Cullen Murphy. Are We Rome? The Fall of an Empire and the Fate of America Boston. New York: Houghton Mifflin, 2007.
Reviewed by T. Hatch
Cullen Murphy’s Are We Rome? is a concise look at how the “decline and fall” of the
Roman Empire can provide a set of cautionary lessons for the United States. An America invicta, suffering from a hubris born of a sense of exceptionalism and an intractable ignorance of the world, that is in need of some solid historical examples. In Murphy’s book the contrast of America to ancient Rome is viewed through an historicist’s binoculars set against the backdrop of the current war in Iraq.
Murphy sets about his task relying entirely upon secondary source documents. He argues that both Rome and Washington D.C., as centers of their respective political universes, were presided over by an elite that witnessed a growing divide between military and civil society where issues of what is in the public good versus what is of a private advantage were contentious questions frequently asked. Both ruling elites were hostage to a nationalcentric worldview that struggled with the problems associated with their borders and the impossibility of managing imperial projects that were of ever-expanding bigness.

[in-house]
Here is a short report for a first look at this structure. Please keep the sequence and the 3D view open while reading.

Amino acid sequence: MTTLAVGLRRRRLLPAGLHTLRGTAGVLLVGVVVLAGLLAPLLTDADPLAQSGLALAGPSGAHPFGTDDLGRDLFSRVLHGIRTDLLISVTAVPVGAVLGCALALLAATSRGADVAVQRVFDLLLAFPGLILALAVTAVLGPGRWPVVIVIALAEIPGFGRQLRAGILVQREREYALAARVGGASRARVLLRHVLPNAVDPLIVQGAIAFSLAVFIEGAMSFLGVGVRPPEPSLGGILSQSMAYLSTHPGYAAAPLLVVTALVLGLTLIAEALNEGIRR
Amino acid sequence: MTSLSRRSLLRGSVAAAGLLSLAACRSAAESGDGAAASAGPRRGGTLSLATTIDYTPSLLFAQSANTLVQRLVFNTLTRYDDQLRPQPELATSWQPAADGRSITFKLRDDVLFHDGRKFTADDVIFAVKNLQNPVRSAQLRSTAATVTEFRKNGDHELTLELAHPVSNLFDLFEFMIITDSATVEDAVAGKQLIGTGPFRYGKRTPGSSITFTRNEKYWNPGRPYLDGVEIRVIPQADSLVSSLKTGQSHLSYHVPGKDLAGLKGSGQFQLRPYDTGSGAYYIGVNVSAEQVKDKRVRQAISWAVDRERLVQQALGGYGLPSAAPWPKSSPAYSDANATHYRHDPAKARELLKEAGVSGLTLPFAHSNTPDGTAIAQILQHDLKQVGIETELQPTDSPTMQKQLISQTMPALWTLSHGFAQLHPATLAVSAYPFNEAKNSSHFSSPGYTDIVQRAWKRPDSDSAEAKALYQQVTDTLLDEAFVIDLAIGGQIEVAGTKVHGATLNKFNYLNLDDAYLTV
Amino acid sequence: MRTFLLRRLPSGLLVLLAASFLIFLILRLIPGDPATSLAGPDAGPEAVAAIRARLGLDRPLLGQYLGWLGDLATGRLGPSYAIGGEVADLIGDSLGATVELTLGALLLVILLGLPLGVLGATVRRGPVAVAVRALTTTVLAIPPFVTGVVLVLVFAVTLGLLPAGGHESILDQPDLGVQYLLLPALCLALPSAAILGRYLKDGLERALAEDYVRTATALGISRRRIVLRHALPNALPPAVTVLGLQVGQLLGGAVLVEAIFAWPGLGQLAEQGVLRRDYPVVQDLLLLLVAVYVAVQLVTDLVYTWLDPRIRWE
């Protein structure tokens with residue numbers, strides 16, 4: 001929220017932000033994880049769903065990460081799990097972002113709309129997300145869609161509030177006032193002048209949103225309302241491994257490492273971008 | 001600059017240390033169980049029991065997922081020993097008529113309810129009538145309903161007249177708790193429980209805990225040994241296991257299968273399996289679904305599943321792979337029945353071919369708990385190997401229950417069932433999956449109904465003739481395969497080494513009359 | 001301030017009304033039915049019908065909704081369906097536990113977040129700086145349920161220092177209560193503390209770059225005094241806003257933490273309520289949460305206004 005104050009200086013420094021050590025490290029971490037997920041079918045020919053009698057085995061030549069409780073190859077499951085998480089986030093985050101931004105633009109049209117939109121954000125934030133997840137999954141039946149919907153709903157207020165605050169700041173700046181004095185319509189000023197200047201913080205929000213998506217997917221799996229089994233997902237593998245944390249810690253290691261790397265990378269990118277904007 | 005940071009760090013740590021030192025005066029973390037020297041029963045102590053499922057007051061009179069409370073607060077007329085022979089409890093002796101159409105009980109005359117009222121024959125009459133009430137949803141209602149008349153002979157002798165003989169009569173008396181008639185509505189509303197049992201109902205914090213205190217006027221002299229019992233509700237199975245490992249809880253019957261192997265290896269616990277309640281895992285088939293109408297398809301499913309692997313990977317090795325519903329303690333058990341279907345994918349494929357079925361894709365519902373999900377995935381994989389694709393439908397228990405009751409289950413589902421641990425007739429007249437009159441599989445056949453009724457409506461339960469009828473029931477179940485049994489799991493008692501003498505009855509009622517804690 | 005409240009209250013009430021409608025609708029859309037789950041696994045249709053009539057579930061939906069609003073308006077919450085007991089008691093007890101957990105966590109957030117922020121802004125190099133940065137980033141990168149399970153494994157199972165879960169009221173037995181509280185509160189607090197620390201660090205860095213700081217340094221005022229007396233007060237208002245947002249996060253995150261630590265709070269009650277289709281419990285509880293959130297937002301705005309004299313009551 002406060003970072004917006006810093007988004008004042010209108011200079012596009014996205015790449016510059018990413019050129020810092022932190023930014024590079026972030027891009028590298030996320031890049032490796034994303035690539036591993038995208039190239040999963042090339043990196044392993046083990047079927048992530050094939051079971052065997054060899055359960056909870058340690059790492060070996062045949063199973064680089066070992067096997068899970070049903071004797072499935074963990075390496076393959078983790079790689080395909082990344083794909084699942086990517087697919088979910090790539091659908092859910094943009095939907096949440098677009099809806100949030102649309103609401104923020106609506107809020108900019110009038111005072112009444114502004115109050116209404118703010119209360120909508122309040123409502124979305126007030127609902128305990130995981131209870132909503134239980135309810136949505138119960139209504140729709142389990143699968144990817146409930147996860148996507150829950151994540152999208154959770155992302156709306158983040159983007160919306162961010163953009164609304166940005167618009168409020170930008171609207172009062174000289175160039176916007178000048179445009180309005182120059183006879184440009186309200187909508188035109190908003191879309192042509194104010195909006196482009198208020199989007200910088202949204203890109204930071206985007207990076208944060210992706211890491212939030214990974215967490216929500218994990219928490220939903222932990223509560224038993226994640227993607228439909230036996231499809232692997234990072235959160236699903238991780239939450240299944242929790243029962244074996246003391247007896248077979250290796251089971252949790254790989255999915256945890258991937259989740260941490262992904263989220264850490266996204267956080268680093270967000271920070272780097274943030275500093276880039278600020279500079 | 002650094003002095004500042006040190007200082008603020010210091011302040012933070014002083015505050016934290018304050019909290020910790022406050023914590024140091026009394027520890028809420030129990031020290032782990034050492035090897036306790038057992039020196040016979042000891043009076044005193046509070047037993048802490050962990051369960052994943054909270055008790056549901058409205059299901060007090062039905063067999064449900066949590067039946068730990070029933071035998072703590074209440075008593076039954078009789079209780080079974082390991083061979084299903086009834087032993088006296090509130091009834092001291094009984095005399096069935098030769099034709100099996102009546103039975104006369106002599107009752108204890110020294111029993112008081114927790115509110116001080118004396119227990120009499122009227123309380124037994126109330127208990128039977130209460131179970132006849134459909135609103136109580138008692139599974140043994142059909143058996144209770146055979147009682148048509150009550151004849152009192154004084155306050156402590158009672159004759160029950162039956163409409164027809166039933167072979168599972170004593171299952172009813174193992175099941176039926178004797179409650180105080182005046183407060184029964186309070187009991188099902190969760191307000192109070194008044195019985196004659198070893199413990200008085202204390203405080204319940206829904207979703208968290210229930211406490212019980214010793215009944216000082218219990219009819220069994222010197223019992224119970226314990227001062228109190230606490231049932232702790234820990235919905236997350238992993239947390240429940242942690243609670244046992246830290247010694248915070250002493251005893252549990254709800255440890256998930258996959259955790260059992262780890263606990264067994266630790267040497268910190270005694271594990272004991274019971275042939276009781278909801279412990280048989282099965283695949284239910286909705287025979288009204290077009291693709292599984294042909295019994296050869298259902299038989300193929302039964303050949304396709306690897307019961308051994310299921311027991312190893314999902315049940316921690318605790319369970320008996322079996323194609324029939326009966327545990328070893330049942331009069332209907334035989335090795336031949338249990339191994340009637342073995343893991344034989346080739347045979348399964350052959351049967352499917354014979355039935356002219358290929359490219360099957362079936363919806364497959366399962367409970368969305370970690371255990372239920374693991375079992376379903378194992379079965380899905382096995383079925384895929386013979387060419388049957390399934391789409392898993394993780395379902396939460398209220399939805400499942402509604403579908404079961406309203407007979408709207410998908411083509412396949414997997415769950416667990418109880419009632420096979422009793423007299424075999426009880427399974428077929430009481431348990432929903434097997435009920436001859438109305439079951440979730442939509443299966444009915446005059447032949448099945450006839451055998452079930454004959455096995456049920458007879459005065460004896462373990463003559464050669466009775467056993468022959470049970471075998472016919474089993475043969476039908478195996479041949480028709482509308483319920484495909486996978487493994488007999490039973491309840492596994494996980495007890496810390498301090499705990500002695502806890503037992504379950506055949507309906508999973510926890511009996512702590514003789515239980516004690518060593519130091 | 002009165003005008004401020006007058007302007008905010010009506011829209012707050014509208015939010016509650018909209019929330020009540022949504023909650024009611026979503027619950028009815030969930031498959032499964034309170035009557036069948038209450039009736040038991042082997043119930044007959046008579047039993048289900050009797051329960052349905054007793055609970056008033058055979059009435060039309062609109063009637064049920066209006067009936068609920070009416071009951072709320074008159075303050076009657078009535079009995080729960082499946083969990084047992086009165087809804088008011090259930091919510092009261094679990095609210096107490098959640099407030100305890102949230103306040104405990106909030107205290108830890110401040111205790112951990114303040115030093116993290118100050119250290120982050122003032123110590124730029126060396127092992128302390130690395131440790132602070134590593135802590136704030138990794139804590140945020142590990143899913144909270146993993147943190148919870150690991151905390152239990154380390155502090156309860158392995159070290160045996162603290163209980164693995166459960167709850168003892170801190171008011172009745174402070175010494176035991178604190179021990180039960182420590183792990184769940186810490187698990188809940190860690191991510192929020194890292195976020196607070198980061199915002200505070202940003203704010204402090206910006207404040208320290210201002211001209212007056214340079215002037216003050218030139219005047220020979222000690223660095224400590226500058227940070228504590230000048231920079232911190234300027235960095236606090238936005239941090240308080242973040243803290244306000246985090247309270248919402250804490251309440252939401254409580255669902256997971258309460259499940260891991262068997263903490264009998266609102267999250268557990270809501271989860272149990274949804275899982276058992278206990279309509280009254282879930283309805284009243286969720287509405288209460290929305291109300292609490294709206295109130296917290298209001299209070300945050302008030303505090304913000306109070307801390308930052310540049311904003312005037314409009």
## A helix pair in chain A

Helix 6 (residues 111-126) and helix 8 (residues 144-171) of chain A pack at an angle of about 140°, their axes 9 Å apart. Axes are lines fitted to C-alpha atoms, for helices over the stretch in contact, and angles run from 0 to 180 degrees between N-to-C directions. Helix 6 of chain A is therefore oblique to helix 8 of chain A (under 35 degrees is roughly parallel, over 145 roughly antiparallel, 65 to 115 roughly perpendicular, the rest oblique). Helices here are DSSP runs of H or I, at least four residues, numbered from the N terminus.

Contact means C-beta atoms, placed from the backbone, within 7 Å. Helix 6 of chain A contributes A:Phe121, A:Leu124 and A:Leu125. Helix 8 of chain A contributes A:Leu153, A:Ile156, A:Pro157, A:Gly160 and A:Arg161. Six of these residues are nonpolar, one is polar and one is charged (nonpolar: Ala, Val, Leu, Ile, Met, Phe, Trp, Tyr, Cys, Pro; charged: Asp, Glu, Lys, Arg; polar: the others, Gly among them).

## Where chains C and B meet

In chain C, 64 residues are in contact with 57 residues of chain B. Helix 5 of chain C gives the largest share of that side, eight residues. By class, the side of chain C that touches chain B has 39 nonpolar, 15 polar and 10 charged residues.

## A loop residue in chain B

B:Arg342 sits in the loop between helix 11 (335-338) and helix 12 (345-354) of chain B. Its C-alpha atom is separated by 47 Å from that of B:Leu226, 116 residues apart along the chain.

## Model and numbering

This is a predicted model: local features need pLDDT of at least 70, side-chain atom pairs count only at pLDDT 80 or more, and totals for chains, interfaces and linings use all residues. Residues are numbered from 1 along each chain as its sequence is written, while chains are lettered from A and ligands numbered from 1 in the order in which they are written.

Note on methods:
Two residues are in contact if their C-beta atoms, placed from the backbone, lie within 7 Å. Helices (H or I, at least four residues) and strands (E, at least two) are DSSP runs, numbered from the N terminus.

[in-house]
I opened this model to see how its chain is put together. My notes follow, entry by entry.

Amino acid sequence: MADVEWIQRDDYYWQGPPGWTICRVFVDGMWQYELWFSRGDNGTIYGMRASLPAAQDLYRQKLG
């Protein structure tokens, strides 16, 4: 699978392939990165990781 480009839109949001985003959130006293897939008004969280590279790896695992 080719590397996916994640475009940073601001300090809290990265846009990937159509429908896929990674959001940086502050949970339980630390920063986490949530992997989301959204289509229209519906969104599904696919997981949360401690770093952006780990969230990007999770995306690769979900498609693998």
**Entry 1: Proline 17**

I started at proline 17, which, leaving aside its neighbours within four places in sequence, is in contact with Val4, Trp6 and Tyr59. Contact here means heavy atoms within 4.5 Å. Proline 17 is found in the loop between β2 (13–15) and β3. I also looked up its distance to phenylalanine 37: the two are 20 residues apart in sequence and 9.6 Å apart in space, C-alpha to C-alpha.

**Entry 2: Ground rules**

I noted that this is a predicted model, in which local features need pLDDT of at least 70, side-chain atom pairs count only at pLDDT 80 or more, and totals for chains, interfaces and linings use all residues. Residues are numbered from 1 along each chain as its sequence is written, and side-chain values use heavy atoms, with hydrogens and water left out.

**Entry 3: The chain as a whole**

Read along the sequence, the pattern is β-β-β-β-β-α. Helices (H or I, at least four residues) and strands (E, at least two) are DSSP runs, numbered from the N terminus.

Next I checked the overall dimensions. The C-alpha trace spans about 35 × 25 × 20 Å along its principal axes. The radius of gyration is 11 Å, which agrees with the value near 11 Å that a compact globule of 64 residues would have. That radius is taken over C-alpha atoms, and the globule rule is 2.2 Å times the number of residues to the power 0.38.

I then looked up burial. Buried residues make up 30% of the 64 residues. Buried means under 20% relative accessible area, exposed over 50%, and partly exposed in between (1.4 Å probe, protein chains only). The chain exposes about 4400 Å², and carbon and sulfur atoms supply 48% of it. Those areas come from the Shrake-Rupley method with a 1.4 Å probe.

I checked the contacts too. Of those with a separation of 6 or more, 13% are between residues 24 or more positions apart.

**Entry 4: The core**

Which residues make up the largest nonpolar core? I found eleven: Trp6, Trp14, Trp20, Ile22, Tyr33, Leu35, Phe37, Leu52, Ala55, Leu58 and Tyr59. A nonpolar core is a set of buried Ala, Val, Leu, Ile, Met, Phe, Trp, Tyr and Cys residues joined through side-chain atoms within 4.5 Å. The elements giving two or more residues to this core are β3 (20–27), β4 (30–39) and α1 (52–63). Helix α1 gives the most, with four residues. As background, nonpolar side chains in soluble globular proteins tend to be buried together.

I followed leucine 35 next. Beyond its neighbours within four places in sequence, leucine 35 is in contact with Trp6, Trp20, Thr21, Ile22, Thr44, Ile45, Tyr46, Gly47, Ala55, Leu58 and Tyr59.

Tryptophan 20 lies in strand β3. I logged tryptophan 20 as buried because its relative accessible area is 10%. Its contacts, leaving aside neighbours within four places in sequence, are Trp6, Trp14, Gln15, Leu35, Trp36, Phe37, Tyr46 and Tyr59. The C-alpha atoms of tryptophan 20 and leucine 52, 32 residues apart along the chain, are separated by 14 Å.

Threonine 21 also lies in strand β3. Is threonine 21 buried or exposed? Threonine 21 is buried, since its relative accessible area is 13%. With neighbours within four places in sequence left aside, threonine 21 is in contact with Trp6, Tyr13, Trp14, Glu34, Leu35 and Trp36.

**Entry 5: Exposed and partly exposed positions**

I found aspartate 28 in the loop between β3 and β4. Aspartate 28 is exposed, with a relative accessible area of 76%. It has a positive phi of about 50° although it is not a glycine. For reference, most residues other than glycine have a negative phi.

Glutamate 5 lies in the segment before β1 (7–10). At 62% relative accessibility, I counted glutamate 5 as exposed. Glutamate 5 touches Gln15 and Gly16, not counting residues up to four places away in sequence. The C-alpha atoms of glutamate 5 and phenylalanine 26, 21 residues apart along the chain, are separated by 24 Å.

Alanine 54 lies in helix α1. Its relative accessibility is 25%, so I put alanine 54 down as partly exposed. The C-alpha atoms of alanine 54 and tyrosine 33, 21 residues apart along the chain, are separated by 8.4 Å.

Mr. Murphy concludes with a hopeful prescription for the future of the United States that he calls the Titus Livius Plan. If Americans (presumably thorough their elite leaders) would only cultivate an appreciation of the wider world, stop treating government as an necessary evil, fortify those institutions in society that promote assimilation, and ease the demands on the military our inevitable demise might be delayed. Whether any of Murphy’s remedies are politically possible is, at best, highly problematic.
Rubbish: the Archaeology of Garbage, Science Library TD793.3 .R38, 1992.
The Word According to Eve: Women and the Bible in Ancient Times and Our Own,
BS680.W7 M87, 1998.